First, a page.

What could bring a broken family back together? The mother of all earthquakes, a tsunami and a bit of luck. No, really.
And, though more than a little cheesy, it works gloriously!
Irwin Allen would be proud (before Roland Emmerich, there was Irwin Allen – the original Master of Disaster: Voyage to the Bottom of the Sea, The Towering Inferno, The Poseidon Adventure). He would have absolutely loved the concept: when a family breaks apart, the biggest earthquake in history reunites them.
San Andreas opens with an LA Fire & Rescue helicopter crew saving a young woman after her car plunges off the highway and is wedged between rocks part way down a cliff – led by a very matter of fact Ray (Dwayne Johnson). Well, matter of fact until a shift causes a problem for the junior member of the team and he has to rappel in.
Afterward, Ray heads home to pack a bag for when he takes his daughter, Blake (Alexandra Daddario, True Detective, the Percy Jackson movies) to college the next day. An envelope in the day’s mail brings sad tidings – divorce papers.
Things are even worse than he thought – his ex, Emma (Carla Gugino) and Blake have just moved in with her boyfriend, a charming British architect called Daniel (Ioan Gruffudd). Even worse than that, Ray’s road trip with Blake is canceled by an earthquake and he has to get right back to work.
In the meantime, at Hoover Dam, Lawrence (Paul Giamatti) and Kim (Will Yun Lee) are testing what they hope will be a way to predict earthquakes when a massive quake occurs – seconds after their program had predicted it. The dam is reduced to rubble and Kim dies.
Back at Caltech, Lawrence discovers that things are about to get much, much worse – and by pure chance, TV reporter Serena (Archie Panjabi) is there for an interview. To say she gets a much bigger story would be the understatement of the century.
Meanwhile, Daniel is driving Blake to school – with a brief work meeting in San Francisco on the way – when the next massive quake hits, trapping his car and Blake in an underground parking lot. He goes for help but, after a second quake, runs for his life. It’s only through chance that two British brothers – Ben (Hugh Johnstone-Burt) and Ollie (Art Parkinson) – that she’d spoken with while Daniel was off to his meeting, are around to get her out of her predicament.
At the same time, Emma is having lunch with Daniel’s ‘over protective’ sister (Kylie Minogue). When the wake hits, she calls Ray who deviates from his job rescuing people to rescue her. Then the two of them set out to rescue Blake. From there, it’s all about Mother Nature trying to keep these two crazy middle-aged kids from saving their daughter – and towns, cities and large chunks of countryside falling down, splitting apart and generally wreaking havoc on the people of California.
Written by Carlton Cuse, San Andreas is a big, over the top production that is centered on a small, human story. Each of the handful of major characters – Emma, Blake, Ben, Ollie and Lawrence – get their great lines and opportunities to shine in the chaos. But make no mistake, this is a Dwayne Johnson showcase.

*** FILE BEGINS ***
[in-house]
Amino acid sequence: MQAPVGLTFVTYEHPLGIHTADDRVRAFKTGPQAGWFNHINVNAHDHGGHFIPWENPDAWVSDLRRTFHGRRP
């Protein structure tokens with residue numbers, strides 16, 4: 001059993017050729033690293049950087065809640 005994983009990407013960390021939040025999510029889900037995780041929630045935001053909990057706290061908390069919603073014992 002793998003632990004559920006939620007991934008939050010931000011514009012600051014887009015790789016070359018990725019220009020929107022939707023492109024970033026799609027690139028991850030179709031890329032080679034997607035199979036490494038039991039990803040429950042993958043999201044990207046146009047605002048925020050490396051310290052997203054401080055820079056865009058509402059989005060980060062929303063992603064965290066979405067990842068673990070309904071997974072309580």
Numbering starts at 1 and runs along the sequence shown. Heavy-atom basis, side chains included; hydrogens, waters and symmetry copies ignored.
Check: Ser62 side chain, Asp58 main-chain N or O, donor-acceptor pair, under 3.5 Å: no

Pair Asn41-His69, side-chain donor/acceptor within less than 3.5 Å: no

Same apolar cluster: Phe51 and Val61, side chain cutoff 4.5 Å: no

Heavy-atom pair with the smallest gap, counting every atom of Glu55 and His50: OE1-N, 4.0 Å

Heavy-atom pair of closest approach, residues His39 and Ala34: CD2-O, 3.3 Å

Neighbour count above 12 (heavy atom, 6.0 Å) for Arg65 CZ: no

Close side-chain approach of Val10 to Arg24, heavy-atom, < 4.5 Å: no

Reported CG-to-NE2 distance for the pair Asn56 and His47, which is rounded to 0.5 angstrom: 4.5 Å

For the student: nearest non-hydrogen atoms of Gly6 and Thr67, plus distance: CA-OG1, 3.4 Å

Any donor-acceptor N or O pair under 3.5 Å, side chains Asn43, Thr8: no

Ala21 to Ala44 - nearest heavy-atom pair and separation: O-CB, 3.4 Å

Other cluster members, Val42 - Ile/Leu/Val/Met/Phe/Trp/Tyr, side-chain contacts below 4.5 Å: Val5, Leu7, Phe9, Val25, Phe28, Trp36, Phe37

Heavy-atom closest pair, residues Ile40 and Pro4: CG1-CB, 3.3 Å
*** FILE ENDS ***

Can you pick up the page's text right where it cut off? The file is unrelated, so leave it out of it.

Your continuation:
Frankly, San Andreas is well aged cheddar – all the clichés you expect (and want, let’s be honest); delivered by actors who can say their lines without getting ironic; all the big, loud effects, and all the emphatic background music cues (wrapped around a few tunes that might feel vaguely familiar even if you don’t listen to a lot of radio) that give every scene just that little extra bit of pop.
Then there are those moments that catch you off guard because they’ve snuck in moments of wit and intelligence between the clichés – like having Blake be a smart, resourceful young woman who repays Ben and Ollie by helping them keep (relatively) safe; or having Emma be the strong, together kind of woman who would be a match for Ray in a relationship – and the relationship ending because he was the one who couldn’t deal with an earlier tragedy).
It also helps that the cast is having as much as we are – check out Parkinson’s cheeky, scene-stealing Ollie for a master class on sneaky smart, as just one example.
Johnson, of course, is the centerpiece here. Ray is smart, funny, affable, likeable – and doesn’t take himself too seriously. Johnson does a terrific job of making seem like just a guy while he’s being a hero. His screen presence is even bigger than he is, so it would so easy for him to play things bigger but he’s smart enough to know he doesn’t have to.
The effects are even bigger than Johnson’s screen presence – and they are (mostly) so good that it’s hard to tell when we shift from real to CG (of course are times when it isn’t, but they are few and far between – and never enough to take out of the movie).
Brad Peyton (Journey 2: The Mysterious Island) makes quite a leap here. Working with an even more impressive cast a bigger budget and much bigger (and more plentiful) effects, he ties everything together nicely. He balances Johnson’s general restraint with Giamatti’s more florid performance while keeping the family dynamic between Ray, Emma and Blake feeling special – and letting Johnstone-Burt, Parkinson and Panjabi remain relatively naturalistic.
He also paces the film at the ‘bat out of hell’ frequency. What might have been a two-and-a-half-hour monstrosity comes in at well under two hours. Peyton never lets up and never really lets us catch our breath, so when we come out of the theater, we feel like we’ve been on a real adventure.
San Andreas is close to a perfect summer blockbuster – it’s a great ride while we’re there, but, like cotton candy, it’s gone almost as soon as we leave the theater – leaving behind just a ghostly hint of sweetness behind.
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Photos by Jasin Boland/Courtesy of Warner Bros.